Good tempos for building muscle:
3-2-1 Tempo: 3 seconds down, 2 second pause, 1 second up. strength.
1-2-3 Tempo: 1 second down, 2 second pause, 3 second up.
Feel free to play around with your tempo
Besides tempo, you also need consider your rep range and total volume (i.e. number of exercises and sets). If you want to build muscle, then each should be taking you close to failure. If you are using a slow tempo, then that may be 10-20 reps (or more) depending on your fitness level. You will have to use trial and error to see what works in terms of sets and volume of your workout. You could start with 5-7 exercises for 2-4 sets. See how that works for you. As you get stronger, increase the time under tension for each set and then the volume of your workout (number of sets and exercises). Also, mix things up by changing the types of exercises you do. Using the 21 bodyweight chest exercises above, you can rotate the exercises each week.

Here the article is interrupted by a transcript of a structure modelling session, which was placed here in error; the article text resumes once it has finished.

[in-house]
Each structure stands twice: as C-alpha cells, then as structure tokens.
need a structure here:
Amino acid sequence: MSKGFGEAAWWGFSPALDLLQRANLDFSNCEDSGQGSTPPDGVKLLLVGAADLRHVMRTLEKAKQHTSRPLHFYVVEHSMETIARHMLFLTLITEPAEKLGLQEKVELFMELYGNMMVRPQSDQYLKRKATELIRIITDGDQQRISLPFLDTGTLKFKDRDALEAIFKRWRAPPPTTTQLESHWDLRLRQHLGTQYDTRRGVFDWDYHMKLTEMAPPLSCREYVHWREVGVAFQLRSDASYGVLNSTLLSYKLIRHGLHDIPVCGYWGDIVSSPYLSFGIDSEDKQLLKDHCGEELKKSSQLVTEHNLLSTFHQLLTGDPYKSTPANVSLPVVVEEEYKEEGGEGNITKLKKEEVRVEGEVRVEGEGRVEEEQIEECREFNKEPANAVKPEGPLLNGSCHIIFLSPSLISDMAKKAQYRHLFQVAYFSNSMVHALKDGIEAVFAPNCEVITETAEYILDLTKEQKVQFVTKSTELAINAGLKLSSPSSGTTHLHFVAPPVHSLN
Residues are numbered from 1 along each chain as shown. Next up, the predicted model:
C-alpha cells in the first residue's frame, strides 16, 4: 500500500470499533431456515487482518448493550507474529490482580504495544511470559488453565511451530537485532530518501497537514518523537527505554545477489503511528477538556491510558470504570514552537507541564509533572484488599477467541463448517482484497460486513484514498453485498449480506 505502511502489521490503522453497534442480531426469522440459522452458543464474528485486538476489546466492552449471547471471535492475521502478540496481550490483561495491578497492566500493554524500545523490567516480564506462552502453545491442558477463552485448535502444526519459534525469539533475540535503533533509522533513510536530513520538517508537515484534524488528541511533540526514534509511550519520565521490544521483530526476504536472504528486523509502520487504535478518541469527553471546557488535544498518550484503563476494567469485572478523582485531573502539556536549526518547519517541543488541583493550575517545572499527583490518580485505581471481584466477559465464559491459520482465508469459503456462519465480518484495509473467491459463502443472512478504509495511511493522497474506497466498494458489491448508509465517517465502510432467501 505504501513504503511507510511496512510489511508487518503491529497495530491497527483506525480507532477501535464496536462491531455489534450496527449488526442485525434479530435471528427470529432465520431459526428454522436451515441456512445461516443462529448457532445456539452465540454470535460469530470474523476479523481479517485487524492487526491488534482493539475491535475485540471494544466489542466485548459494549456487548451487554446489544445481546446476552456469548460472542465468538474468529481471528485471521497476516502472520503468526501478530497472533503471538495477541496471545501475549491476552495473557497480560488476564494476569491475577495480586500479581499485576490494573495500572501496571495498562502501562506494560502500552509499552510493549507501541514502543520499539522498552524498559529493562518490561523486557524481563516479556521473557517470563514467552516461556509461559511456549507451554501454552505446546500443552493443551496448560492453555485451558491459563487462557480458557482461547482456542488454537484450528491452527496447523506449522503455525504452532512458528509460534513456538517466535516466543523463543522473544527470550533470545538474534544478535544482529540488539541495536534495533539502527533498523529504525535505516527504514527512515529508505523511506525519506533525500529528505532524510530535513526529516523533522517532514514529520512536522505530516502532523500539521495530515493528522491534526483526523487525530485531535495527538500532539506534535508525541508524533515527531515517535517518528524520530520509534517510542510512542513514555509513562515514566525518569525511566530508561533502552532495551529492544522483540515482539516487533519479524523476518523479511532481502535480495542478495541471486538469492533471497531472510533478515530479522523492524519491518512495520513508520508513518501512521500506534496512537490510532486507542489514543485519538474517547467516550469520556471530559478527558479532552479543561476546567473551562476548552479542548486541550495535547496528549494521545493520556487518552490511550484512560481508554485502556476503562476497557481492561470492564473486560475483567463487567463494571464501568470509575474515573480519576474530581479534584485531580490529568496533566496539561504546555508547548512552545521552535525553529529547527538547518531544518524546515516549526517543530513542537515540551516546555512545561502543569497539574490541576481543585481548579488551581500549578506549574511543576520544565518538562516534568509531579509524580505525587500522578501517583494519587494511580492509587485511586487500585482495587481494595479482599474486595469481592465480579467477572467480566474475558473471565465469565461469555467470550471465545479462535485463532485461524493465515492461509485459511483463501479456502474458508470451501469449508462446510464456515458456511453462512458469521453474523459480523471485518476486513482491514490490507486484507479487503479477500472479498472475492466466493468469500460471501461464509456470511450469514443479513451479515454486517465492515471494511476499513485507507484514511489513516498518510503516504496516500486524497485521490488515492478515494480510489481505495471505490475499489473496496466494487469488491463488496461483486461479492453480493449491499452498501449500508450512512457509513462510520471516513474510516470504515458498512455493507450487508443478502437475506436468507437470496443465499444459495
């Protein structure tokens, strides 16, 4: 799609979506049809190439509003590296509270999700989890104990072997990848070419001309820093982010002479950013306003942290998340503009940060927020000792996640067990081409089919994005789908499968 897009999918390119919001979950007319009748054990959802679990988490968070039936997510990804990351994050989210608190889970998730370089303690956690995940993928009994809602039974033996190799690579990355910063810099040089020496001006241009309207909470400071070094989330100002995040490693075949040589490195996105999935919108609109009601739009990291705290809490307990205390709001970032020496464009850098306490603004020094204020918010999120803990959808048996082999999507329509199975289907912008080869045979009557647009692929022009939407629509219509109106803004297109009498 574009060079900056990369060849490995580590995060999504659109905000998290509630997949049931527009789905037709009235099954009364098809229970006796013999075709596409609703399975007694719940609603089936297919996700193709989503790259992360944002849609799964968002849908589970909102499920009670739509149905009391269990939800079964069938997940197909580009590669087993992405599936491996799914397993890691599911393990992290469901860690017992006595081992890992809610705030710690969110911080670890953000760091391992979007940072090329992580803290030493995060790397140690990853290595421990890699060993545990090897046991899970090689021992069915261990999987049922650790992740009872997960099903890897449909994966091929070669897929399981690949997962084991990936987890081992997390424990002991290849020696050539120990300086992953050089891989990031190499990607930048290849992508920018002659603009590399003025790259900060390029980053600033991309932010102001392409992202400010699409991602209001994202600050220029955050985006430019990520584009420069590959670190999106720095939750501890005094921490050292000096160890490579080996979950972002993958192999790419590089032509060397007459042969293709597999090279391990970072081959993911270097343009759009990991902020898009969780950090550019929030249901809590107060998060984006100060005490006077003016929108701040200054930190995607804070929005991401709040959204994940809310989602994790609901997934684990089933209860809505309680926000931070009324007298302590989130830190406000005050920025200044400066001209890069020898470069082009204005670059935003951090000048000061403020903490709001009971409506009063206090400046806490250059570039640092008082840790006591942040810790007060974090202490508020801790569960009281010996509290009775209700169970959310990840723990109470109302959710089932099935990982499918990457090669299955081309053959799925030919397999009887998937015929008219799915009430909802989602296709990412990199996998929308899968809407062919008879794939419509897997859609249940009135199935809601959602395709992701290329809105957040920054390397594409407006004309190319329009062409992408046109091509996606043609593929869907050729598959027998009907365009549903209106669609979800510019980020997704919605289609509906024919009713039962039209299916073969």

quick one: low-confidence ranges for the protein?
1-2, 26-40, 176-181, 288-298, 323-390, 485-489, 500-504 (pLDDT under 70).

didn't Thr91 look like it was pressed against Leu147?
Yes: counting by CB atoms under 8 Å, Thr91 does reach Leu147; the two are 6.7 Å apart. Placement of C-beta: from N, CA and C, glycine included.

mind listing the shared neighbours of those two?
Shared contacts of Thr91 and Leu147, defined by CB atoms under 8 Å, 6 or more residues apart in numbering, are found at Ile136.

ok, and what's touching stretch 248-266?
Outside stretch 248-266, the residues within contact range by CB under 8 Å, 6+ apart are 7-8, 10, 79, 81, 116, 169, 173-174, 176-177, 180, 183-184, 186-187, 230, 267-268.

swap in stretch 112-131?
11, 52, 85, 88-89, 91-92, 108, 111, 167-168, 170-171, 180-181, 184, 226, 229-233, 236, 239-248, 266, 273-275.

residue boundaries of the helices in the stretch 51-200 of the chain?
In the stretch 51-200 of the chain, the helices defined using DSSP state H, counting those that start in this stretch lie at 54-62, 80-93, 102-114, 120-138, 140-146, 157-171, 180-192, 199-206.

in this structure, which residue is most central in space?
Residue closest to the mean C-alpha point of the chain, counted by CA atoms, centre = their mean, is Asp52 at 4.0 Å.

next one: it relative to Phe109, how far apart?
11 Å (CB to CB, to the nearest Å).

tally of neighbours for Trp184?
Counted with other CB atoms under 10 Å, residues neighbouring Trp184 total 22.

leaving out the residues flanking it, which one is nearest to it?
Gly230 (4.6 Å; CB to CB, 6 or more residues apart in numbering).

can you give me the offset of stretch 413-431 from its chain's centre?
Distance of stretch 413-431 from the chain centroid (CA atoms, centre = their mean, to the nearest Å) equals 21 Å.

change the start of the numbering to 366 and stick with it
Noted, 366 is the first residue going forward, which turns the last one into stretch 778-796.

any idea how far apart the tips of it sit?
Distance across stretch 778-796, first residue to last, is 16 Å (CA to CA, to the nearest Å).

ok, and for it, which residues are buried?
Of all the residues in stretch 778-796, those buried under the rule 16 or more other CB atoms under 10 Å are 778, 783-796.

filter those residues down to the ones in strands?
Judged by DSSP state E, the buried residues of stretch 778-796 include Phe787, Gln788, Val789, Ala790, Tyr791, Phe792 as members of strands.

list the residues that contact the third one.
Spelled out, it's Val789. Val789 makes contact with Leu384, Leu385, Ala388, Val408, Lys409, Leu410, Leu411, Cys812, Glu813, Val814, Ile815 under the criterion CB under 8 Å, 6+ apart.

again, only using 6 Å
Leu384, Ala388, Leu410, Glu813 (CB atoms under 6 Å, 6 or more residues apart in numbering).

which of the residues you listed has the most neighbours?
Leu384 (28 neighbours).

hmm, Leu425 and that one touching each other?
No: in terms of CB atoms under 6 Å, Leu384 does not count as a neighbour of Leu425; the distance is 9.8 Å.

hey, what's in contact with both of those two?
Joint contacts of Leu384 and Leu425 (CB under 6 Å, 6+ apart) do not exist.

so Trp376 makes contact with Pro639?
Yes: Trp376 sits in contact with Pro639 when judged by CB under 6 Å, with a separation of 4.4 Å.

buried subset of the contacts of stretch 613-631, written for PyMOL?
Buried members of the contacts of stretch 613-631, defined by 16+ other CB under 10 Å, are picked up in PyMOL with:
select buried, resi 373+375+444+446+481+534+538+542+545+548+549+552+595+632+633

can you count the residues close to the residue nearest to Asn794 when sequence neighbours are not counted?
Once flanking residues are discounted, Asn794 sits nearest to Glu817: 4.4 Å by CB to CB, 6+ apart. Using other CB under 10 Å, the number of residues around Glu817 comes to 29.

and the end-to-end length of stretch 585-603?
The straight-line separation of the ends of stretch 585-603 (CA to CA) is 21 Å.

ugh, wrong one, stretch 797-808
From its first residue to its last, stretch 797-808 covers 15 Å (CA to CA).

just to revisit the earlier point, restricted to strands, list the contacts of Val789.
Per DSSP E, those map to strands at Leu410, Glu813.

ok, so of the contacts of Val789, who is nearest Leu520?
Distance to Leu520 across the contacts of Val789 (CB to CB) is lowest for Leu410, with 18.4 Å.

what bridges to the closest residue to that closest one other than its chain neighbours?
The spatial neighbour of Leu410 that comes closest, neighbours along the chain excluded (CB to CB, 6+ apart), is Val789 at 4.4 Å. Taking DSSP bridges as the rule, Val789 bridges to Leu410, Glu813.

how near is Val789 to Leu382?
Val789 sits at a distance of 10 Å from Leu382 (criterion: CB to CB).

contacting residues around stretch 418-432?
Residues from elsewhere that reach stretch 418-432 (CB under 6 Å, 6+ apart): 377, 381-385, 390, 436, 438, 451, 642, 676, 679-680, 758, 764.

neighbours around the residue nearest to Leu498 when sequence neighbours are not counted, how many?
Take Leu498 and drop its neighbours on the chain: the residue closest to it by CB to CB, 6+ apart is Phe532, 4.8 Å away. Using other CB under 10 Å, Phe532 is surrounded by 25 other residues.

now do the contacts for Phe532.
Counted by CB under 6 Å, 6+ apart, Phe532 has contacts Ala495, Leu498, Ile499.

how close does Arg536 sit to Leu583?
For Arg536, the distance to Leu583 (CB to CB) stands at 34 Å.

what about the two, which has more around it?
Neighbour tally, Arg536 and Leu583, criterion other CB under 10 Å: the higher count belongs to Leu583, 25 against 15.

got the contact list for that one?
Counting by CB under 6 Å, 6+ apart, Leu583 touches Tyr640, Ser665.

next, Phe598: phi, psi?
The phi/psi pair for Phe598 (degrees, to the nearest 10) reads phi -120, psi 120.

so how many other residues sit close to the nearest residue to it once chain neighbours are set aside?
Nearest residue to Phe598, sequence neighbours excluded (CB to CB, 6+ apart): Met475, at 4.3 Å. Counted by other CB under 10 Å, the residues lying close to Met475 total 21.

Here is an example of how your chest workouts could look.
Bodyweight Chest Workout #1:
Bodyweight Chest Workout #2:
Bodyweight Chest Workout #3:
Bodyweight Chest Workout #4:
Choose one or two exercises or even just a couple sets here and there each workout for fast tempo. The rest, use a slower tempo.
If you are more advanced or less advanced, simply adjust the reps and sets according to your capability.
To answer the question simply, you can do a chest workout (or chest exercises), whenever your pecs and the associated pushing muscles are not sore or in need of recovery. If your muscles feel good and you feel energized, then you can do chest exercises.